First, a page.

Tony Blair is a man of deep and passionate convictions--or he would be, if only he could work out what those convictions are. During the last British election campaign, the Blair camp thought (mistakenly) that I had influence over the editor of the newspaper I then worked for, a newspaper they were hoping would drop its traditional support for the Tories and back Labor (it did). They therefore gave me a lot of time with Blair, who does in private sound very Thatcherite indeed. He told me, for example, that "I want to be remembered as the prime minister who reformed the welfare state." But when I would press him for details, he would shake his head, smile, and say, "Can't give away any details until after the election."
Now the election is long over, but the details of the Great Reform are still not forthcoming. Tony Blair remains a rhetorician without a cause--and I suspect Kosovo provides one. Hence the warlike stance. It must, in fact, be a relief for him to have a reason to deploy the Churchillian language he loves, minor changes in health care waiting-list procedures don't provide quite the same inspiration. Also, the British are proud of their army, the most professional in Europe. Also, the British public always rally round "our boys": They don't have a Vietnam syndrome, they have a Falklands syndrome. Also, the British left, and especially the left-wing press (there is such a thing in London), have been very loudly in favor of military action in Bosnia and Kosovo from the beginning, so they can't really start criticizing now, although I'm sure they'd like to.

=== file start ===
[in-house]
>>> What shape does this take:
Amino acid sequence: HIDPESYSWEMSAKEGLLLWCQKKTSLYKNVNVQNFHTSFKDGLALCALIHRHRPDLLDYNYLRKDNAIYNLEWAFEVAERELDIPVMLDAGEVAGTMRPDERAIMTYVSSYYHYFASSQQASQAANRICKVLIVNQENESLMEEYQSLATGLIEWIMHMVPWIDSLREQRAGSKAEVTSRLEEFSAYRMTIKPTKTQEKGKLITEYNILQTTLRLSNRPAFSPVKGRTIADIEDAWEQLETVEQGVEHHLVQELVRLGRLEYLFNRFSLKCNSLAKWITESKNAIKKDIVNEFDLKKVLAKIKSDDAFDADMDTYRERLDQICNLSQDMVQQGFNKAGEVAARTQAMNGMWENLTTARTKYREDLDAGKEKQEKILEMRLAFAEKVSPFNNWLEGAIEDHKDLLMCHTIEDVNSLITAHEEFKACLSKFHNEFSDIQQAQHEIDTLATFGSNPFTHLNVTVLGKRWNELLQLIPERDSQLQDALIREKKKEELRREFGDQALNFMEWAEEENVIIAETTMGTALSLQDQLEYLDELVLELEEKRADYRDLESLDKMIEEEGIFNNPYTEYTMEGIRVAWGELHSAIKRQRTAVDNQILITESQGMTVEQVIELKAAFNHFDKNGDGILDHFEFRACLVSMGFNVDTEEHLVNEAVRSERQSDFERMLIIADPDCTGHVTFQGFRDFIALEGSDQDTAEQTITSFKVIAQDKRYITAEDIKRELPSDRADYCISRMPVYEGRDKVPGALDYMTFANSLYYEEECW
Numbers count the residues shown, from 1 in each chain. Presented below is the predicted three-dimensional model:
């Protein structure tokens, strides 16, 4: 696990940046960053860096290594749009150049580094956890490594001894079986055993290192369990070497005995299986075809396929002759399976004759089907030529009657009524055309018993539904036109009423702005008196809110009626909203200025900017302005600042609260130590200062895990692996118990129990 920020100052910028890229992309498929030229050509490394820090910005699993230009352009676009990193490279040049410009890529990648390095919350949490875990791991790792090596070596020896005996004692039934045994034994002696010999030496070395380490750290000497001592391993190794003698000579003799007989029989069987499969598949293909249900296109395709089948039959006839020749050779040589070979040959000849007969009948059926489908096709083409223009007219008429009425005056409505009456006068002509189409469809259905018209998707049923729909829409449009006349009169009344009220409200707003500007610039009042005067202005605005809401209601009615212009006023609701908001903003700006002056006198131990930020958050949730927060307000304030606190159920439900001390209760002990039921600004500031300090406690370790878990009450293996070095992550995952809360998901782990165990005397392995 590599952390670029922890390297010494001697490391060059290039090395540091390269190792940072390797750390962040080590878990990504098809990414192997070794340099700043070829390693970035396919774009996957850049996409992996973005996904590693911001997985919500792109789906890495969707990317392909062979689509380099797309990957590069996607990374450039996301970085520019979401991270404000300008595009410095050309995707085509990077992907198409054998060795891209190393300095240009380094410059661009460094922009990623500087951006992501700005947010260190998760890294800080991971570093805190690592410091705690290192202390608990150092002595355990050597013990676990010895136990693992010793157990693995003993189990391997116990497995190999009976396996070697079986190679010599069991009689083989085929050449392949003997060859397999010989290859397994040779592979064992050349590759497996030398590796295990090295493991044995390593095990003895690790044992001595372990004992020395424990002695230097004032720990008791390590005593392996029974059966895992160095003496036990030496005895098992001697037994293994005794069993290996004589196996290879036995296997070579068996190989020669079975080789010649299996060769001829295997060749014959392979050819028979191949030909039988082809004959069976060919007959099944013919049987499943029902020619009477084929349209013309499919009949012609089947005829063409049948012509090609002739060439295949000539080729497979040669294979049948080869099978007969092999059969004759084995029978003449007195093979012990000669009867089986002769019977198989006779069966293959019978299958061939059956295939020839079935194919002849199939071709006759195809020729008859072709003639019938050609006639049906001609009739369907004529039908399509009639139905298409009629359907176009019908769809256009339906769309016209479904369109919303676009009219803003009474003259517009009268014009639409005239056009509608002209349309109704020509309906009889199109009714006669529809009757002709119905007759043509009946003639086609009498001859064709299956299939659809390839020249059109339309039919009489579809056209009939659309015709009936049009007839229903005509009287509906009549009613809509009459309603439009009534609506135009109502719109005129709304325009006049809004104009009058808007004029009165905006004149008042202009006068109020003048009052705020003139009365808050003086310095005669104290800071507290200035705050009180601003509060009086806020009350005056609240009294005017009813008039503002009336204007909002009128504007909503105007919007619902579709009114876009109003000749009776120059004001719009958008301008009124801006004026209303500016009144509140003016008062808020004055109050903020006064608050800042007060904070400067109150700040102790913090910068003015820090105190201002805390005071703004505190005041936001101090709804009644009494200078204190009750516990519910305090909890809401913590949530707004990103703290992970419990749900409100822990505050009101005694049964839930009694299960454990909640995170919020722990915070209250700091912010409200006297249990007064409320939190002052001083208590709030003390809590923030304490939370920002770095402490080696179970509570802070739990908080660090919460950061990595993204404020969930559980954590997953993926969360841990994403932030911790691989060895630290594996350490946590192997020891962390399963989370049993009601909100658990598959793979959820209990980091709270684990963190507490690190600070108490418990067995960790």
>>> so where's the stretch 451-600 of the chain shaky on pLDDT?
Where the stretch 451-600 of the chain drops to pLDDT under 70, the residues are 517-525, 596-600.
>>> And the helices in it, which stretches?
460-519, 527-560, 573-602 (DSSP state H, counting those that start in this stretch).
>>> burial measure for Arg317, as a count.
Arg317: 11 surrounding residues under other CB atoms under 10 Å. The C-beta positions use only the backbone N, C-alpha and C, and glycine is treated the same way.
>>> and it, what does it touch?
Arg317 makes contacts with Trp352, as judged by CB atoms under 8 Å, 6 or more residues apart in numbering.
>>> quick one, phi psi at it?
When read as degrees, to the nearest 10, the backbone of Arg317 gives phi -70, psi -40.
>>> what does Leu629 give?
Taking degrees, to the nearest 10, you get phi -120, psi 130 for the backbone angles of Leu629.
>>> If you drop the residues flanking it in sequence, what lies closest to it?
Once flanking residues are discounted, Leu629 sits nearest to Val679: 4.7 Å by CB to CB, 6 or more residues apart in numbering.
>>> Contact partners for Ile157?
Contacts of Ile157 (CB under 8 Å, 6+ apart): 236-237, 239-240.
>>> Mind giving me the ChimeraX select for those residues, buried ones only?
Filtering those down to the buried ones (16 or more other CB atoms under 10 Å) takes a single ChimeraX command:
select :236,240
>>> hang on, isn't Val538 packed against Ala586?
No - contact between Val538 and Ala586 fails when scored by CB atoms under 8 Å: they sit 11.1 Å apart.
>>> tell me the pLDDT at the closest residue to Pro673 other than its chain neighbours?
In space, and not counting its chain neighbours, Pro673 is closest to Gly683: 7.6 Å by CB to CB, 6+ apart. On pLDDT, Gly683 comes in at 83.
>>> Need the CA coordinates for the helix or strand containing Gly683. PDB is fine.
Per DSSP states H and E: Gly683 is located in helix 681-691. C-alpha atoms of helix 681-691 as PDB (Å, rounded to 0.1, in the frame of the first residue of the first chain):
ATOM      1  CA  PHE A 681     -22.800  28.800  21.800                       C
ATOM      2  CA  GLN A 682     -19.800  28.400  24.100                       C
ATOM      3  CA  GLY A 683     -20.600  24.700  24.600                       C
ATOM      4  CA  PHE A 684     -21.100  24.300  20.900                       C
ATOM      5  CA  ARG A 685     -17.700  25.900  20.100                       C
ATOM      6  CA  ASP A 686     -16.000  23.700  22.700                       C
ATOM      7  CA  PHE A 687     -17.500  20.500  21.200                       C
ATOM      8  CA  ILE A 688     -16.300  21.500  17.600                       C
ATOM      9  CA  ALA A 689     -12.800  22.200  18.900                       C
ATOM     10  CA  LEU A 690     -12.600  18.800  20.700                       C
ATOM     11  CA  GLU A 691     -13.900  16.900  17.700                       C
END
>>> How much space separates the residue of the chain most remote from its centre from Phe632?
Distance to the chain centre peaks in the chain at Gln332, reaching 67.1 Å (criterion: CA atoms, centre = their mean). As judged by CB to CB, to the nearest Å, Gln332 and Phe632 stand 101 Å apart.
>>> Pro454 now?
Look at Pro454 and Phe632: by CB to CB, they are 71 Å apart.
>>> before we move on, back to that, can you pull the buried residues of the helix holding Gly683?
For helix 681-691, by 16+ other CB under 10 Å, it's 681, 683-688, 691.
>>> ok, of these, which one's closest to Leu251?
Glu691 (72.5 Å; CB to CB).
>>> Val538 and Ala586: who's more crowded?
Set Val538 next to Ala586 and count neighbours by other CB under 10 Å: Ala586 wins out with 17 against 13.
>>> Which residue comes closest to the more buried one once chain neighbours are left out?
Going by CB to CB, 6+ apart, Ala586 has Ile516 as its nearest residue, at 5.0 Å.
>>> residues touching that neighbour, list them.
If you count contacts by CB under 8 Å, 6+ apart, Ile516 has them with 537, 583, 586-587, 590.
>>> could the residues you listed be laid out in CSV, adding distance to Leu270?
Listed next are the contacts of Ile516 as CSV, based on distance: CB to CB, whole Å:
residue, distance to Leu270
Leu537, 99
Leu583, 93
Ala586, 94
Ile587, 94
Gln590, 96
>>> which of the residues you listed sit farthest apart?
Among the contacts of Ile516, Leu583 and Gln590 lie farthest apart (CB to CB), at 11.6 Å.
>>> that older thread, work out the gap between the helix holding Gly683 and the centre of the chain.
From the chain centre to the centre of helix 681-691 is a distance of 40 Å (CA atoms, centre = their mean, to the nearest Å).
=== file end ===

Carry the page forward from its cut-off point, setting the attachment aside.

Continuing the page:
A few messages back, you mentioned silver linings. Here's the one I'm hoping for: involvement of the Russians in the final peace plan. At first threatening to start World War III, they did go awfully quiet a few days into the war, after the IMF announced that it would, after all, bail out the Russian economy, a story buried on Page 99 of most newspapers. The Russian leadership clearly sounds a lot more moderate behind the scenes: Much of Yeltsin and Primakov's apocalyptic public rhetoric might even be construed as plain old cynical electioneering, evidence that Russian democracy is working better than we think. (Not that the Russians really have any Slavic brotherly love for the Serbs, but the NATO bombing did touch a sore spot among people frustrated by the failure of "Western" market reforms.) I see in today's papers that ex-PM Viktor Chernomyrdin, the capo di tutti capi of the Russian natural-resources mafia, is heading off to Belgrade again today. Thanks to the Russians' public pro-Serbianism, he may be one of the few people who is accepted as a go-between by both the Serbs and NATO. We may still have to invade Yugoslavia, as you note, but maybe for once the Russians can be part of the solution rather than being part of the problem.
Am I too optimistic? The weather is so nice here, I'd like to be.